October 23, 2013
Posted in: Hot Topics
Topics: Behavioral Issues
Some kids will become violent as adolescents.
Many have a very short fuse, exploding over the smallest thing. Others, like a ticking time bomb, harbor pent up anger until something pops.
And then there are the scariest kids—the ones who silently plan to harm others, and then don’t just fantasize, but really hurt others, verbally or physically.
What are the warning signs? How can we predict which kid will really be dangerous? Most importantly, what can we do if we spot these kids early, and prevent violence?
These questions are incredibly important. Many good kids will have a rough time and act up, maybe getting into a fight, defying authority, or mouthing off. Most will not end up in the judicial system. What we really want is to know how to identify kids like Harris and Klebold (the Columbine High School shooters), Timothy McVeigh (the Oklahoma City bomber) and Adam Lanza (the Sandy Hook Elementary School shooter).
We must remember that school shootings are very rare! The safest place for kids these days is actually in school. The more dangerous place is on the street. For example, the top rate of death for African American males ages 14-24 is homicide, and often related to urban gang violence. In any case, we all want to understand how to figure out who is at risk of harming others, or becoming victim to another.
The problem is that it’s almost impossible to predict which kids will become extremely violent—like the offenders listed above—and which will not. In fact, in 2002, the United States Secret Service completed the Safe School Initiative, a study of school shootings and other school-related attacks, to see if we could identify which kids would get really violent. It turns out they couldn’t find a common profile that would predict serious offenders—not a very reassuring conclusion!
If we look at teenagers who have committed violent acts, there are thousands with histories of fights, stealing, physical or verbal abuse, and bullying (both as the victim and perpetrator). Many have had depression, learning disorders and especially language problems. Most have been scapegoated and marginalized. Some were impulsive and just blew a fuse; others planned out their offenses. As we look back and consider these features, it’s easy to see why they might have become delinquent. But again, we don’t just want to look back, we want to see into the future!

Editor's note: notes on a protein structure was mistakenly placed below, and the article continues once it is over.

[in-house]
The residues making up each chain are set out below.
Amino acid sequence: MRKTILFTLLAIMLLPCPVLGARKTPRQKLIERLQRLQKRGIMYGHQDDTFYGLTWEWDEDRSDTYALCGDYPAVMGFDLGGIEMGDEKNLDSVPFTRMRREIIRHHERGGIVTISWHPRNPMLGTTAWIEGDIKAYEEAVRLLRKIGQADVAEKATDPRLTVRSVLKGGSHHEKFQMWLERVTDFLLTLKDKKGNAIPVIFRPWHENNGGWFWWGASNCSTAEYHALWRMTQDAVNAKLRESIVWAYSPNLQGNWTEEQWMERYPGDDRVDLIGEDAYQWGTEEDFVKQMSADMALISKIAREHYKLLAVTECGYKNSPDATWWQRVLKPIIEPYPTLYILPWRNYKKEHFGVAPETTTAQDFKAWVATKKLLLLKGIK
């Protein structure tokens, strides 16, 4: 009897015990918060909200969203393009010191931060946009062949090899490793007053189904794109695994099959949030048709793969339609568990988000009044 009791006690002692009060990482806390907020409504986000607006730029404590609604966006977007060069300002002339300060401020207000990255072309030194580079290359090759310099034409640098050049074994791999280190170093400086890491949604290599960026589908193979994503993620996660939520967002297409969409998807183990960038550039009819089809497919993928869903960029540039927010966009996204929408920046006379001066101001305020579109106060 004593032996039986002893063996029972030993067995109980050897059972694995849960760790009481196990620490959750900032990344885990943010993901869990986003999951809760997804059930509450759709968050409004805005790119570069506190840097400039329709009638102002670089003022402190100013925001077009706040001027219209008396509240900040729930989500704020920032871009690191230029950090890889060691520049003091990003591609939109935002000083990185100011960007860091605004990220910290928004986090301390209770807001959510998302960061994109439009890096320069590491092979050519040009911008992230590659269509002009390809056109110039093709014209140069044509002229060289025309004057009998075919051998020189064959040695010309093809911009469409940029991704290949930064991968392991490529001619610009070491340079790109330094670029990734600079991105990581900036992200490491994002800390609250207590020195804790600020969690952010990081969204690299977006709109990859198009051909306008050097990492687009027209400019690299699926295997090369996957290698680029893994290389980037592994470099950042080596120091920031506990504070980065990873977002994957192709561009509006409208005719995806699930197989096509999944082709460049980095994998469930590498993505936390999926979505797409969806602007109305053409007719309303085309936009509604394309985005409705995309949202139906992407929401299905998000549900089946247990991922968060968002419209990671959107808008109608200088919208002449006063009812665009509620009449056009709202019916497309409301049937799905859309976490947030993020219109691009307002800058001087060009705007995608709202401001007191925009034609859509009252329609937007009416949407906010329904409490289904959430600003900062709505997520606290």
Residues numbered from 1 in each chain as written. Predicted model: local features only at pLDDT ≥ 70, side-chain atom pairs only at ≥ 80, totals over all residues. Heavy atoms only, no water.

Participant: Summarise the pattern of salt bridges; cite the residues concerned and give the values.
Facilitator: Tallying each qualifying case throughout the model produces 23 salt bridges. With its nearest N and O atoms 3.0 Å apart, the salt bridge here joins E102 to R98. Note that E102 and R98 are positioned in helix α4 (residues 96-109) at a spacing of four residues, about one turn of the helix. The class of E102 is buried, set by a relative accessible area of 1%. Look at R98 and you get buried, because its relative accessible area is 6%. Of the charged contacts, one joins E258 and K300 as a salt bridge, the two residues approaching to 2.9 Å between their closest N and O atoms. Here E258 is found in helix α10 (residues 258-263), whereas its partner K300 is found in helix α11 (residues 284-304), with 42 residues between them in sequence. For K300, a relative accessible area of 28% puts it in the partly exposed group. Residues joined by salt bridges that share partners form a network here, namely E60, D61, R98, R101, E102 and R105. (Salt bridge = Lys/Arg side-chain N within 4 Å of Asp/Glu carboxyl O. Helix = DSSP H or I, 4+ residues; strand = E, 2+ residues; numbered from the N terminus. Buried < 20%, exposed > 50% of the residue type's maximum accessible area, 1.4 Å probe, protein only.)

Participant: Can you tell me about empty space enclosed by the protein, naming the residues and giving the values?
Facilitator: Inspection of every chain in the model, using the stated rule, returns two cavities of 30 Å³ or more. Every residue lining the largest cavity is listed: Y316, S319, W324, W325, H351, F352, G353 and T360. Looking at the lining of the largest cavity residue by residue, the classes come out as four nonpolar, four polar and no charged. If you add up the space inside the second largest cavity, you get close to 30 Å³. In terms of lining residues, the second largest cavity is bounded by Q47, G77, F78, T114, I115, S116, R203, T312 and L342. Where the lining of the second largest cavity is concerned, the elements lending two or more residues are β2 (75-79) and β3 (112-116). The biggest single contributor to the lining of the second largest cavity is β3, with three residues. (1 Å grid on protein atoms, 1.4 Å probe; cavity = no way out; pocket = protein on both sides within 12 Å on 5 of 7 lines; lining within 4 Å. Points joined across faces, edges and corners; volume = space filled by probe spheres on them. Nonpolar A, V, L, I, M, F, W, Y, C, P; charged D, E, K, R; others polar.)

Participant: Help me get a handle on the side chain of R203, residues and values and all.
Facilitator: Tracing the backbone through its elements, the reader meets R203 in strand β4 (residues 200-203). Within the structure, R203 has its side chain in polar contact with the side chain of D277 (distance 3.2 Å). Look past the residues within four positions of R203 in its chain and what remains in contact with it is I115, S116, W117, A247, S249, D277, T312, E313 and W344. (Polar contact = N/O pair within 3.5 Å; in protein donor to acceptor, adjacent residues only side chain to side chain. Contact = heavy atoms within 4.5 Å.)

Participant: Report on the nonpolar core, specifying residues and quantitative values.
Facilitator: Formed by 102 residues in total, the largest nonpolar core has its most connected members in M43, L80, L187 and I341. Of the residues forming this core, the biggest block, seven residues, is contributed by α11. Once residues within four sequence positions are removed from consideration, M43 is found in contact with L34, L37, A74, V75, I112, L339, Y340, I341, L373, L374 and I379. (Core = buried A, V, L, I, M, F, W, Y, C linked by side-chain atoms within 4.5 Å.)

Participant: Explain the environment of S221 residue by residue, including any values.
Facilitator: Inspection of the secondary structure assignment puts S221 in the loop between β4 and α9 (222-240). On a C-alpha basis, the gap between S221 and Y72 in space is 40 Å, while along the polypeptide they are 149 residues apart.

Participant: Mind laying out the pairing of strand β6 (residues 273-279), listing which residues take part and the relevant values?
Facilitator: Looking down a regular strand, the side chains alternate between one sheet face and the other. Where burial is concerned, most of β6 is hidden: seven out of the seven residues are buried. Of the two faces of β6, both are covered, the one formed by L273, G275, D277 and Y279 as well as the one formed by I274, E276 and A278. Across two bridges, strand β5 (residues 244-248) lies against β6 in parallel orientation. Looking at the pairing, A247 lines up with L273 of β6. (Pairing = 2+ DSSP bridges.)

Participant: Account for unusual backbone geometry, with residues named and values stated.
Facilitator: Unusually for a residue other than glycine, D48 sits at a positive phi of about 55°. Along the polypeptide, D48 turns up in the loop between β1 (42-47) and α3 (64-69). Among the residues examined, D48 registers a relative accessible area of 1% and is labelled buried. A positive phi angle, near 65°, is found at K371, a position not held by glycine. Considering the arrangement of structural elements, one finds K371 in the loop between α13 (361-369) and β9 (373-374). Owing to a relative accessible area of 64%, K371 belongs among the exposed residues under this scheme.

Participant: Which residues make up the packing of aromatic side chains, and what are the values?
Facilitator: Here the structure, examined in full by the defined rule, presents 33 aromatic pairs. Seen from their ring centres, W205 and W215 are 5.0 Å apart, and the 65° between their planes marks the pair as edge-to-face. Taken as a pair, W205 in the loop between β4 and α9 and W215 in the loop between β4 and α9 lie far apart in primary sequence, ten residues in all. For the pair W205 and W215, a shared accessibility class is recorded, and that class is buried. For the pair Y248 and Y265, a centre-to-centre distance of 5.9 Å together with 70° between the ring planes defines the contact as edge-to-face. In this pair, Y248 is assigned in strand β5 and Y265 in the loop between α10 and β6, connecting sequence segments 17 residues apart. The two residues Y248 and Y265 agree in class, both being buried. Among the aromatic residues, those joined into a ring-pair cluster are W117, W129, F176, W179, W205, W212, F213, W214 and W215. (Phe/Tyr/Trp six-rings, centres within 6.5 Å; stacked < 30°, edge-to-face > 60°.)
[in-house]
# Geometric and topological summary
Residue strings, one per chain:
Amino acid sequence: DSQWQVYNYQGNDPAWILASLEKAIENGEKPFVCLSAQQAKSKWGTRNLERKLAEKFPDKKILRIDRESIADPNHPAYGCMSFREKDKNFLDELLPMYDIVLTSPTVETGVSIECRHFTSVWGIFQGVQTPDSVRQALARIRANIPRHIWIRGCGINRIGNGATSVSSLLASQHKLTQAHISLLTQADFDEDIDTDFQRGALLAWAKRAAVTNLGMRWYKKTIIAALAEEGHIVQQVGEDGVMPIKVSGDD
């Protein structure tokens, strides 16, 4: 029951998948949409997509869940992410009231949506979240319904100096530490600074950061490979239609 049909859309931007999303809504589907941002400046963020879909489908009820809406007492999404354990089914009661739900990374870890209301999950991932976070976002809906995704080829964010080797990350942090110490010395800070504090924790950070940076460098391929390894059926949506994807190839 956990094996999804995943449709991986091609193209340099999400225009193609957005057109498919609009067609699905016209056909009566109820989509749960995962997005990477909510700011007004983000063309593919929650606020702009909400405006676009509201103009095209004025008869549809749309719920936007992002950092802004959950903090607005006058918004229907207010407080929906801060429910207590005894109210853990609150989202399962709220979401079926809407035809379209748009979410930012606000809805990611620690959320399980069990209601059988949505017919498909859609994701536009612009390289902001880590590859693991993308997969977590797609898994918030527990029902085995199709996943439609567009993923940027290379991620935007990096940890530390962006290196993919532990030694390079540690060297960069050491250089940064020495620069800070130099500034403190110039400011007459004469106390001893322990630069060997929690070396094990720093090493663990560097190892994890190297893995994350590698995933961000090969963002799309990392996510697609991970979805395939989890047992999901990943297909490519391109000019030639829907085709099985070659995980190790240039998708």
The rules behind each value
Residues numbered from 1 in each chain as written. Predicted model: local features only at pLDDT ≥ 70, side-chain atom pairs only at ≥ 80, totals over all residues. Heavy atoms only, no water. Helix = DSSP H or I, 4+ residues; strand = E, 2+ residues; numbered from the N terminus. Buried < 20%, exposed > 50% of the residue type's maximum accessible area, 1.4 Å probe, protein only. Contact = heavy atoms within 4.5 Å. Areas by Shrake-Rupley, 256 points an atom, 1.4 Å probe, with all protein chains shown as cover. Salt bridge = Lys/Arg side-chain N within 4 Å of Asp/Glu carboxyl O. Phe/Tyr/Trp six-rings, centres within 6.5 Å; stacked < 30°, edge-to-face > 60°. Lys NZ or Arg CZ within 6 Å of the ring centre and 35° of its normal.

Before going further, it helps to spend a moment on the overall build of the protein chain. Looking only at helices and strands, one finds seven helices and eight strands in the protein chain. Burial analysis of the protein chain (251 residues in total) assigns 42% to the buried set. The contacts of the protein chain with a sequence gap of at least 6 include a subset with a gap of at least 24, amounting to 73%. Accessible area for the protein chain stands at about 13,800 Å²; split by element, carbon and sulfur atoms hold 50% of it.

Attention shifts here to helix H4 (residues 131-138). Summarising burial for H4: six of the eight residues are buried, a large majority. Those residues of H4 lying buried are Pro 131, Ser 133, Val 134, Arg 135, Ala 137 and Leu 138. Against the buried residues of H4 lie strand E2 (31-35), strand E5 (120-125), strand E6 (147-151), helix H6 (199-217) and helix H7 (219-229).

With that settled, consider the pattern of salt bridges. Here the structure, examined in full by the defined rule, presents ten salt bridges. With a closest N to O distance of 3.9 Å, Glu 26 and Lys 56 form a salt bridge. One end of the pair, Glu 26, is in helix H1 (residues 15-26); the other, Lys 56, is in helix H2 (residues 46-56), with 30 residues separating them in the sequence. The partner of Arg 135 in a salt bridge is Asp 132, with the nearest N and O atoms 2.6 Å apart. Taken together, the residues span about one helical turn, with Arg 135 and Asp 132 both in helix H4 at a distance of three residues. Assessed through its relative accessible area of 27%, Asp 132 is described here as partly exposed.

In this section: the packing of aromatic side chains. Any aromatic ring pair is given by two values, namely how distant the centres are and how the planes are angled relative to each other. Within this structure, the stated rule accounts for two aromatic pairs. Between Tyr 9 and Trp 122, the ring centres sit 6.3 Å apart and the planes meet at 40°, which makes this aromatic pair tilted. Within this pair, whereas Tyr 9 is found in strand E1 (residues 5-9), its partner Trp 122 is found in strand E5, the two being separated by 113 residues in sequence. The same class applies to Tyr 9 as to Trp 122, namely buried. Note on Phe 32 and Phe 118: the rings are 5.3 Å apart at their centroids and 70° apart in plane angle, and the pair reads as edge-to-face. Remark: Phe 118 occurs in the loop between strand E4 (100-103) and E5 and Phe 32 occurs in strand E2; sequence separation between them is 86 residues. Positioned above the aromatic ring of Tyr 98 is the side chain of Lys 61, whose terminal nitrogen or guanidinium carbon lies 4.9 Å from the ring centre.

What can we do about this dilemma?
While we can’t necessarily identify which kid will be a societal danger, we should take some particular traits seriously, and if identified, make every attempt toward remediation. It’s just plain common sense, and we might prevent a serious event. And, early identification and intervention can do no harm. In fact, being proactive would certainly improve the well-being of the child, and his friends, family and teachers.
Here are some of the most common warning signs for possible future dangerous behavior in young kids, who may later become delinquent as teenagers. All of these would merit looking into clinically:
Remember, having one or more of these traits does not always lead to violent behavior. Many kids like this are very kind and gentle. We just want to be sure that we cast a wide net so as to prevent any possibility of future violence. Even if not predictive, any warning sign merits evaluation and possibly treatment. Some of these kids may be headed for difficulty one way or another.
These kids are usually obvious to parents, teachers, peers, pediatricians and other adults in their lives. Early mental health screening by a primary care doctor, school psychologist, or child mental health professional may be invaluable in picking up important emotional issues we can investigate.
Most importantly, the detection and solution is most effective if a plan is developed for help that includes addressing issues in many different settings with good coordination—between home, school, the playing field and the community.
This is the second in a series of blog posts about the teenage brain written to accompany a two-part broadcast on PBS, “Brains on Trial with Alan Alda.” For more information, or to watch the episodes, go to http://brainsontrial.com/.